Today I have a really special post to share with you all. Joel Kahn, M.D. has written a special guest post for BYOL today on how and where a preventative cardiologist gets their information about health and nutrition. The advice he shares below is sound and can be a great resource to anyone regardless of their interest in nutrition. Dr. Kahn and I have been connected online for the past year, and being nearly done with his book, which I can’t recommend enough, I am greatly looking forward to meeting Dr. Kahn in person at the New York City Veg Fest.
Dr. Kahn is one of the nation’s most renowned interpreventional cardiologists. Having practiced invasive, interventional, and preventative cardiology since 1990, Dr. Kahn has years of clinical and research experience. He is a regular contributor for MindBodyGreen, Readers Digest magazine, and the recent author of The Holistic Heart Book.
Sharpening the saw: How a teacher gets training:
I am excited to write a guest piece for BYOL and am looking forward to speaking at the NYC Vegetarian Food Festival March 1. I am a cardiologist trained at the University of Michigan long ago (graduated summa cum laude due in part to my vegetarian diet!) and practicing in Detroit all these years. I do heart catheterizations, place stents, run to emergency rooms, see office patients, and answer a zillion calls and emails a day.
Long ago I chose a vegetarian lifestyle and then the big V over a decade ago. No burger, no cheese, no fish etc. I have been on billboards across Detroit in my doctor coat announcing “Beat heart disease, diabetes and cancer, Go Vegan” and speak regularly on TV, radio and lectures on the health, environmental and ethical reasons that plant based lifestyles are the best and only choice for the future.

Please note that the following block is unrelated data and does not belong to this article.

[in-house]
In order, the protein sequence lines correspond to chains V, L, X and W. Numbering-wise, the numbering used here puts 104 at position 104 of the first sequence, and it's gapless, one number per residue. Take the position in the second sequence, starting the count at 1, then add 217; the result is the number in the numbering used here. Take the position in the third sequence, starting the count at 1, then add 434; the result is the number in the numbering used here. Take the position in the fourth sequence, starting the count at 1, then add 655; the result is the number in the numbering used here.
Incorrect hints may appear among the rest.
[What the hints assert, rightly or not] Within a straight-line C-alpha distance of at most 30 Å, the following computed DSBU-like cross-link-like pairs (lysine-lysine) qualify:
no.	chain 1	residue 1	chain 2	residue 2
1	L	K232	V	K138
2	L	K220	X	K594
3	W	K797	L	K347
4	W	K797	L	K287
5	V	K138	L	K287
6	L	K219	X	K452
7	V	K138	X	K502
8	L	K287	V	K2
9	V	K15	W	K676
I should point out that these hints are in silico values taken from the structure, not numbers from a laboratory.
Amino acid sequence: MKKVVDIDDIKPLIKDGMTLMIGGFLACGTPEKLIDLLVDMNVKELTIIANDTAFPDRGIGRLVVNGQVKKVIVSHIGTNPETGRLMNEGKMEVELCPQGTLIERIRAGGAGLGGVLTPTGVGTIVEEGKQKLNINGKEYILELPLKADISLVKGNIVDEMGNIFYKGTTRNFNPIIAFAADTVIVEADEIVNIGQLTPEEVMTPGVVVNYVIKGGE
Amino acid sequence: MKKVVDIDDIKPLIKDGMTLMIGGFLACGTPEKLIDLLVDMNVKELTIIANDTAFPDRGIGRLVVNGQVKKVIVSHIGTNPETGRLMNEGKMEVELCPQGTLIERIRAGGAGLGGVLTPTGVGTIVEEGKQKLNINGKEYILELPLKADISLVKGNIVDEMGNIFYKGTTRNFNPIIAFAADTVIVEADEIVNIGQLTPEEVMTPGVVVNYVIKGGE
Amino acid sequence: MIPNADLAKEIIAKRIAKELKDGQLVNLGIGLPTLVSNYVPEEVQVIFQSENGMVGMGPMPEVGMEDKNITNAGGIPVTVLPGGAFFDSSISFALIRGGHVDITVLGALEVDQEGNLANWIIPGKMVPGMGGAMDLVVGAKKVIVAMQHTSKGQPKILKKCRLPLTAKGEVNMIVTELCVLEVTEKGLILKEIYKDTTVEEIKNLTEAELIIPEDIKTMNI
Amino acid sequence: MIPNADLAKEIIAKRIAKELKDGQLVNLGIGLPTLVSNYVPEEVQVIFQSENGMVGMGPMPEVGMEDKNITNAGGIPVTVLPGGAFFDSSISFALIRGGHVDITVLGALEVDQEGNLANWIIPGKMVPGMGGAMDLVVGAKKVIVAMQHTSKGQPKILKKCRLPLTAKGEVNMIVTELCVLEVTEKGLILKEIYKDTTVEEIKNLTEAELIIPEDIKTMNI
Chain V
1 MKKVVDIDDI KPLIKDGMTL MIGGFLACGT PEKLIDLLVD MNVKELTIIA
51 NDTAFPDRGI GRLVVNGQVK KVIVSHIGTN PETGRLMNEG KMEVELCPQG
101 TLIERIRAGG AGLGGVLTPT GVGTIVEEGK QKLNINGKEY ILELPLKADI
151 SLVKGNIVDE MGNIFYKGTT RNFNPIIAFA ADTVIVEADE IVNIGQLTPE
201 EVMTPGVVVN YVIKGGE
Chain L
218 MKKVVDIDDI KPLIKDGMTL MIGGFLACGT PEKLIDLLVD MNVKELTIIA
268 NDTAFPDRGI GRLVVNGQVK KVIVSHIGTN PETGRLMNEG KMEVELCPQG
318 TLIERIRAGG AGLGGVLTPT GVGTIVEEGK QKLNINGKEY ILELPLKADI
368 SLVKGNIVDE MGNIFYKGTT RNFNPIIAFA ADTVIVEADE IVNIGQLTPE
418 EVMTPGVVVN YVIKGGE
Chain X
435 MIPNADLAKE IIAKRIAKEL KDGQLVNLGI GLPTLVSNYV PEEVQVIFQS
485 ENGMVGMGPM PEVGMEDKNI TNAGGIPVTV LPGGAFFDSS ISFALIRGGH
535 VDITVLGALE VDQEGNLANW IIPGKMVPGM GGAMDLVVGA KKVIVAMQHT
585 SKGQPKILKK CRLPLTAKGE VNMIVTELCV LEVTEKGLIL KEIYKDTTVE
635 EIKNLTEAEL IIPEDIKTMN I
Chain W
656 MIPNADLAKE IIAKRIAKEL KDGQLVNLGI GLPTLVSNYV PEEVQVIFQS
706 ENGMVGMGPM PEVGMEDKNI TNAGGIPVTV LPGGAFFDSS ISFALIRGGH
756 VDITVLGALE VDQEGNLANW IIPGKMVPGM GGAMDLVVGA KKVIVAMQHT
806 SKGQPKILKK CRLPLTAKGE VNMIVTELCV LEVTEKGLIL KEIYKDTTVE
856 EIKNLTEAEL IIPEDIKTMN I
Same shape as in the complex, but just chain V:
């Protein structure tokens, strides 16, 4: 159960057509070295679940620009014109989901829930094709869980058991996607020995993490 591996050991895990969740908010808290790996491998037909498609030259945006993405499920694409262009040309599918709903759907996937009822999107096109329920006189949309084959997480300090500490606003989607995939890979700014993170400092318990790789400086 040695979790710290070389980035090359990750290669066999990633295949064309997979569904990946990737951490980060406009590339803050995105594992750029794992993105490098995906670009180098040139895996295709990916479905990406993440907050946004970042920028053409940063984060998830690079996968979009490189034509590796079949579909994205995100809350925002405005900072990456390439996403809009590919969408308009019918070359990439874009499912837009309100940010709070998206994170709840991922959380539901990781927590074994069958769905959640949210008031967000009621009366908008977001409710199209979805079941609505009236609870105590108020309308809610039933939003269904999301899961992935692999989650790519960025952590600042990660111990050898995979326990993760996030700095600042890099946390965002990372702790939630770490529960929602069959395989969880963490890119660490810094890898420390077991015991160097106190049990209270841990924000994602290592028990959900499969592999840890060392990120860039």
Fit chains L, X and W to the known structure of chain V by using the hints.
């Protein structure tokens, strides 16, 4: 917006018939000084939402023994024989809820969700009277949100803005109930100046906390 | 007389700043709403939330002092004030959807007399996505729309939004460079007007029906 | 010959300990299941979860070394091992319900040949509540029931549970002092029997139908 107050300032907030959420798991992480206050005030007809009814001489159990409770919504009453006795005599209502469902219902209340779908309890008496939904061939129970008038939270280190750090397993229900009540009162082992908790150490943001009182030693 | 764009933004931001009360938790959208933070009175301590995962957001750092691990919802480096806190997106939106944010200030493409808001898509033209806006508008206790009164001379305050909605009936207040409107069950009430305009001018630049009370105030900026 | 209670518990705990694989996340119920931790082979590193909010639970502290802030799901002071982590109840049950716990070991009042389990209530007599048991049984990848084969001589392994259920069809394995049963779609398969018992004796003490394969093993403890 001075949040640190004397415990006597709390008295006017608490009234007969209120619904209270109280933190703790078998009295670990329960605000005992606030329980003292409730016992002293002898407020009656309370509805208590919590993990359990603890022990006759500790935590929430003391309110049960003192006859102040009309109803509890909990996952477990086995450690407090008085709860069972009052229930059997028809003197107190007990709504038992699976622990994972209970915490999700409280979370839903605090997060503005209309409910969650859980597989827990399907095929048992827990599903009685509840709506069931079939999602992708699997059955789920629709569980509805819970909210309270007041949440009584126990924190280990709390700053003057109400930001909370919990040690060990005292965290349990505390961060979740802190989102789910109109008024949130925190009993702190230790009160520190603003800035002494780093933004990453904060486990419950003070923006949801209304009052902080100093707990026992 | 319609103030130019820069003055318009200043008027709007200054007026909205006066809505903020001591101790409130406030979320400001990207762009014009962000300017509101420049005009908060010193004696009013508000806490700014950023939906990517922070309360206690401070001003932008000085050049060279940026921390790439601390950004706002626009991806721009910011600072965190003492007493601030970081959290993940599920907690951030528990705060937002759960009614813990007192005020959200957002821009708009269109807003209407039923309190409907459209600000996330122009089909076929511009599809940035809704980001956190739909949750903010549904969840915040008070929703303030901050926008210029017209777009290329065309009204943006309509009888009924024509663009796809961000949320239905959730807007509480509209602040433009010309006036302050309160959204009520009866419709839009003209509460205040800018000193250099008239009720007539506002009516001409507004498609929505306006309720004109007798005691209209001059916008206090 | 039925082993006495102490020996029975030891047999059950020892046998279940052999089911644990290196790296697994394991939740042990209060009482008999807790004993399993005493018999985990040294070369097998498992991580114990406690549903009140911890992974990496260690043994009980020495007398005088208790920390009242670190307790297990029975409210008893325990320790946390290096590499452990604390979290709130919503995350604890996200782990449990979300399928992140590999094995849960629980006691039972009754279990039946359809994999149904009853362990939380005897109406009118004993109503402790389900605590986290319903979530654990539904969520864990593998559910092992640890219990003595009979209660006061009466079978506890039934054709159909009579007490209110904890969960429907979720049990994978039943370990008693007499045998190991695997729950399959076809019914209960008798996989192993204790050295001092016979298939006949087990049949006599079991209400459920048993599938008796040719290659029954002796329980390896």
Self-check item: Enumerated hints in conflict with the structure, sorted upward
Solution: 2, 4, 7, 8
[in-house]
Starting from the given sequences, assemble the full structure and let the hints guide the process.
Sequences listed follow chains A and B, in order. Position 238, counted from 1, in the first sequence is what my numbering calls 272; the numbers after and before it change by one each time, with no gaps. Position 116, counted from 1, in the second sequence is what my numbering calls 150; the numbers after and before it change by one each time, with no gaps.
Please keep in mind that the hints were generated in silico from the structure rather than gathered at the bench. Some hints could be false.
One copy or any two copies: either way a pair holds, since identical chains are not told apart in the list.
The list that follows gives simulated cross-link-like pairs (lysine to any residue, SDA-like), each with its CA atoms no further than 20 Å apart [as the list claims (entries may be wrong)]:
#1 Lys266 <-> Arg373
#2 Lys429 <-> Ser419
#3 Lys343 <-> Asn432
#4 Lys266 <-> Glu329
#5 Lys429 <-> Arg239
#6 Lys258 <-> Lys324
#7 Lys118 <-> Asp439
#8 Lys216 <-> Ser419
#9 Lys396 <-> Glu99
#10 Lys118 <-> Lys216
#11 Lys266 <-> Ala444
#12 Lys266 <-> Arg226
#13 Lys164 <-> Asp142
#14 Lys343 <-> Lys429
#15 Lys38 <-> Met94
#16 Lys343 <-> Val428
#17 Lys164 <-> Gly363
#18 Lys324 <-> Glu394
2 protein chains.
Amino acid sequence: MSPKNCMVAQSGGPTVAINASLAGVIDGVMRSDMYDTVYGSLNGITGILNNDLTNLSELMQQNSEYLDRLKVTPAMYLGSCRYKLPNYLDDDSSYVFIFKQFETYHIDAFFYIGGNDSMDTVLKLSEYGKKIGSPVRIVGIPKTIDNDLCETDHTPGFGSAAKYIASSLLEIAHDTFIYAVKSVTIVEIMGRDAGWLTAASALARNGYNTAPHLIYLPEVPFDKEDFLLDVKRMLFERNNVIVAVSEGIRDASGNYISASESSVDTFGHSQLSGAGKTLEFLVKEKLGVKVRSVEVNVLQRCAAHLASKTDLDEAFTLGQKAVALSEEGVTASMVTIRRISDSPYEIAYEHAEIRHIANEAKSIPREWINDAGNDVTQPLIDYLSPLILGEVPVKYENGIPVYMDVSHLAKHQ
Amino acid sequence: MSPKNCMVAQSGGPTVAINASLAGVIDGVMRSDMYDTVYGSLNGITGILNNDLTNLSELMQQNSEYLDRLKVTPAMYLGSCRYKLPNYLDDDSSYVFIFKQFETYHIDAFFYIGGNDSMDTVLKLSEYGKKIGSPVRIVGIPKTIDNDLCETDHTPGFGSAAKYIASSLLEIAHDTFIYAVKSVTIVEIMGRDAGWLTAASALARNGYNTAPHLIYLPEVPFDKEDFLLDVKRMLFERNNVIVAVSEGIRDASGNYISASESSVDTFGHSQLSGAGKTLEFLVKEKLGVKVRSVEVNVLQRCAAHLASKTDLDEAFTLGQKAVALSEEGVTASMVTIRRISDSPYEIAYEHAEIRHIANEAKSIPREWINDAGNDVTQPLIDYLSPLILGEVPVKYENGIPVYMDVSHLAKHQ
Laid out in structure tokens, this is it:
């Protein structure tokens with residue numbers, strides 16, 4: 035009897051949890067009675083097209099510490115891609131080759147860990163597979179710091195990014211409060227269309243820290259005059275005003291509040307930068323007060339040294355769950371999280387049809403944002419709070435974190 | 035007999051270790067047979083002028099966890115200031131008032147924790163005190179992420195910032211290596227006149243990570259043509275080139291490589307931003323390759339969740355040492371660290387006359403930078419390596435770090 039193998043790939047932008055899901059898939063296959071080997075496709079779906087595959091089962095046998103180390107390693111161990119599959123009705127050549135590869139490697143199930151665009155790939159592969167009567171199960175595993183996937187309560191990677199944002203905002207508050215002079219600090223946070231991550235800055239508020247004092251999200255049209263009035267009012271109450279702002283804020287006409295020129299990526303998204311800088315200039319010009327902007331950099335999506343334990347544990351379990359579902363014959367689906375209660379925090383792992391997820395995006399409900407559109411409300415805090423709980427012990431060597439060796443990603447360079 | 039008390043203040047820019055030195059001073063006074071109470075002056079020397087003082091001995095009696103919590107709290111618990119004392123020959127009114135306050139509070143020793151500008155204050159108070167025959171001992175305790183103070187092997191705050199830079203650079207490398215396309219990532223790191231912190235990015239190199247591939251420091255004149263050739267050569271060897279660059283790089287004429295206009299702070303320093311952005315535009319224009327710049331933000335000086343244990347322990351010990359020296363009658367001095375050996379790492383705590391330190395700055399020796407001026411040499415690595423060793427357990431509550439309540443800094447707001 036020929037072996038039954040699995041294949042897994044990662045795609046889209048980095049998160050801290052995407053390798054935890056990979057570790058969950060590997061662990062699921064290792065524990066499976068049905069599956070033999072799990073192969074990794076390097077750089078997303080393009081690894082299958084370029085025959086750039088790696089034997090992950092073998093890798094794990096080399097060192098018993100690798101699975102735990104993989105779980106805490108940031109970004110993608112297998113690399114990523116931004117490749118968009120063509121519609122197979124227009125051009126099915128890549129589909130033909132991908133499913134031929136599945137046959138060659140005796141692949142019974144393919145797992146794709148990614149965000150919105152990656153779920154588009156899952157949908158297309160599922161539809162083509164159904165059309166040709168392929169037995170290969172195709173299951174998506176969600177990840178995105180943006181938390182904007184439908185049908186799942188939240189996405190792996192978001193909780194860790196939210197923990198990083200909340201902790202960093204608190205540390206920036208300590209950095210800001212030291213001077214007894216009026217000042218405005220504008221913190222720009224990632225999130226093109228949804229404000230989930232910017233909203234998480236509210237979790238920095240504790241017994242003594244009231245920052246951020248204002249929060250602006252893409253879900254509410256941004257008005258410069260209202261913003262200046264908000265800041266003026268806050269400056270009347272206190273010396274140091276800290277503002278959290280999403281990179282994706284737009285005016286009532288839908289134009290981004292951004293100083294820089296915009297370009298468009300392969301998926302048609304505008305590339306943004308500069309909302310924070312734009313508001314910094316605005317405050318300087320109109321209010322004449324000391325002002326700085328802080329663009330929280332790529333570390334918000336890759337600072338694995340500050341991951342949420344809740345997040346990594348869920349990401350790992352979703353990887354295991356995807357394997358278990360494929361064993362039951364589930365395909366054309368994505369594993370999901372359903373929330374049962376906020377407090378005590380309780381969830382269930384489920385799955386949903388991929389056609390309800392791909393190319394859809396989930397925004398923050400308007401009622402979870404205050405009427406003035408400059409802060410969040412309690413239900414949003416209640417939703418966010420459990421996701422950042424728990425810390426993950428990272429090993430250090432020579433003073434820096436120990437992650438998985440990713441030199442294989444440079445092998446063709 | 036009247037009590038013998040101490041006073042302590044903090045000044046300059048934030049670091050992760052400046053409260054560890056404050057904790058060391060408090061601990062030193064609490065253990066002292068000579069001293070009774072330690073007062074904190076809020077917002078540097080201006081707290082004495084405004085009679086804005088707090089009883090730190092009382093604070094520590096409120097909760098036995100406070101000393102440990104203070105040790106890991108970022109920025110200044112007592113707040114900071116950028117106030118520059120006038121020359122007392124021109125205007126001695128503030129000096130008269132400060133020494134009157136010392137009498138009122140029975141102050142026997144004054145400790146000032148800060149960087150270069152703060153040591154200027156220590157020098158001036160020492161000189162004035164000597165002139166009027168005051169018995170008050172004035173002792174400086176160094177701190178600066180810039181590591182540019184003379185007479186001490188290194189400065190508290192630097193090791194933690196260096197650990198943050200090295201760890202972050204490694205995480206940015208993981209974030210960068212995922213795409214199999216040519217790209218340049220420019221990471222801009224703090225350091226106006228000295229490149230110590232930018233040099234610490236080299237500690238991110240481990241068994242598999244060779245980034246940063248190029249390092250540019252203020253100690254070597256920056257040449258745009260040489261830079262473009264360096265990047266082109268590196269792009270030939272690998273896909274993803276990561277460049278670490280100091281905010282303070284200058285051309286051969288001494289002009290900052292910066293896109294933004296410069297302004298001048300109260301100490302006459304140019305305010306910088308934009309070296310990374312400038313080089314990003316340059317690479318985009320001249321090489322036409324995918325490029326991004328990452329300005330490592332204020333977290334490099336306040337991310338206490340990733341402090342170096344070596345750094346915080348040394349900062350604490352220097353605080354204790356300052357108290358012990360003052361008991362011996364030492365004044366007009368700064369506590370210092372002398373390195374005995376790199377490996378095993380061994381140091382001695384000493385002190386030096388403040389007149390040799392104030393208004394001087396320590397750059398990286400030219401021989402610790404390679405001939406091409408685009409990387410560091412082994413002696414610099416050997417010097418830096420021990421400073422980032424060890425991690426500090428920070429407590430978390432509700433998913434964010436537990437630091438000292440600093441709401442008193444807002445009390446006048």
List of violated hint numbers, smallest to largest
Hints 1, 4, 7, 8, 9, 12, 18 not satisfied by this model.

Increasingly I am looked upon to have the answers to tough question, tricky critics, anti-vegan blogsites, Paleo promoters and so on. So how does the teacher stay ahead of the rest and have as many answers as possible? As Stephen Covey wrote in the Seven Habits of Highly Effective People, how do I sharpen my own saw to be able to cut more effectively? Can these help you stay on top of trends in nutrition, animal rights and related topics?
One resource I used that may appeal to some readers was to formally go back to school. I chose a program in integrative cardiology offered at www.a4m.org in conjunction with the University of South Florida School of Medicine. These year long curriculum of both online and classroom lectures is open to both physicians and others interested in an advanced training in many areas of health and wellness and offers the advantage of a university affiliation if so selected. Other resources for formal education can be found at www.functionalmedicine.org, www.abihm.org, and www.acam.org. For those interested predominantly in nutrition, online programs offered at www.integrativenutrition.com, www.ecornell.com, and www.aryuvedicnutrition.com are available.
Not everyone has the time or interest to pursue these formal courses and still there are options, including ones I use, to stay current and engaged in the fast paced world of nutrition and health. First on the list is to sign up for the daily emails from Dr. Michael Greger at www.nutritionfacts.org. Dr. Greger is in Washington, D.C. and has been producing short and high quality videos on YouTube for several years. There is no charge to receive his daily email and the number of videos exceeds 1,000. Dr. Greger does very thorough research of the medical literature and all his videos are backed by multiple references drawn from the medical literature. He reviews about 14,000 articles on nutrition yearly and finds hidden gems. He presents the topics in vivid and clear formats and adds his special humor and slight sarcasm to provide a constant stream of enjoyable material. I watch his videos daily and often search his site for information. He produces one video a year that is an overview of a topic that lasts an hour and it has always been a highlight that I share liberally on social media. Sign up now if you have not.